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I have never heard a Christian say he does not believe that God is sovereign. But I have heard many professing Christians define the sovereignty of God in a way that ultimately makes man sovereign over God. It is a view of sovereignty where man is big and God is small. People will say, “I know God is sovereign, but . . .” Truthfully, many professing Christians don’t actually believe that God is sovereign. And if we don’t believe that God is sovereign, we don’t actually believe that God is God. Yet, the problem goes much deeper than that.
Many Christians who profess to believe that God is sovereign over all believe in a sort of sovereignty that is more akin to Islamic determinism than biblical theism, a sort of theistic nihilism that believes nothing we do really matters—that God is sovereign and we are mere puppets on a string. That is not the biblical teaching on the sovereignty of God. He reveals in Scripture that He is indeed sovereign over all things, that He has foreordained all things that come to pass, and that He is neither the author nor approver of sin (Isa. 46:10; James 1:13; Westminster Confession of Faith 3.1). He reveals that He is sovereign over all and that we are culpable for our actions (Acts 2:23). He discloses that He is the primary cause and that He uses secondary causes—such as us—to bring about His ultimate ends (Prov. 16:33; John 19:11). He reveals that while He has ordained the ends of all things, He has also ordained the means to all ends (Acts 4:27–28).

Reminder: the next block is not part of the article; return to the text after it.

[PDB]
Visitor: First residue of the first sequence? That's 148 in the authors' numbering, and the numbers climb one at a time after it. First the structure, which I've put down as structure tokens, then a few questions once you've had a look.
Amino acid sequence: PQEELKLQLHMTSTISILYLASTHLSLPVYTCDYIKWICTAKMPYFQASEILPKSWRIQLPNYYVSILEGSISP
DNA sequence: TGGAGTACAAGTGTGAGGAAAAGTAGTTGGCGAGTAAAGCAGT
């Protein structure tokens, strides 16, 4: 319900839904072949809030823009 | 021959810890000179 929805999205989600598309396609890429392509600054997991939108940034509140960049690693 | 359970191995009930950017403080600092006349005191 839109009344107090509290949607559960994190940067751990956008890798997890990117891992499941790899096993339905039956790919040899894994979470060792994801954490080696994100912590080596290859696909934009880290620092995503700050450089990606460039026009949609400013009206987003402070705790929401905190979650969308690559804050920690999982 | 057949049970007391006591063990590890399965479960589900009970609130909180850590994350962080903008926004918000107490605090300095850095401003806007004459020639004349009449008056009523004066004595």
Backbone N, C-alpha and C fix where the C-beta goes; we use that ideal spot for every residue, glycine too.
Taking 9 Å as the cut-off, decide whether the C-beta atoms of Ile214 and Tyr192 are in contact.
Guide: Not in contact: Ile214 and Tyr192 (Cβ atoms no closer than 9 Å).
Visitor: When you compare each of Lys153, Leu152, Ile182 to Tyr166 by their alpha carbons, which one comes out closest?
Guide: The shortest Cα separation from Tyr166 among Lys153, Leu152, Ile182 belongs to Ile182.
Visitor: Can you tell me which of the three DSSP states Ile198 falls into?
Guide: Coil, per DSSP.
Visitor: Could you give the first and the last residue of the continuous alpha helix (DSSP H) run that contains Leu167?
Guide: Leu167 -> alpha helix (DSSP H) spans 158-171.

When it comes to our worship of God, too many Christians think that it doesn’t really matter what we do or how we do it because our sovereign God can use any means to accomplish His ultimate purposes. That, however, does not justify our using means that God has not given us. Nevertheless, many Christians and many churches believe that we may use whatever cleverly devised means we invent to bring about our desired ends.
If we actually believe God is sovereign, we must trust His sovereignly appointed means to bring about His desired ends. The means that God has appointed for our spiritual nourishment and growth in grace are what we call the ordinary means of grace—namely, the Word, prayer, the sacraments of baptism and the Lord’s Supper, and, necessarily joined to these, the church’s discipline and care of souls. These means are appointed by God, are empowered by the Holy Spirit, and point us to Christ, and they sustain us and nourish us in our union with Christ as we rest in the sovereign ends of our triune God.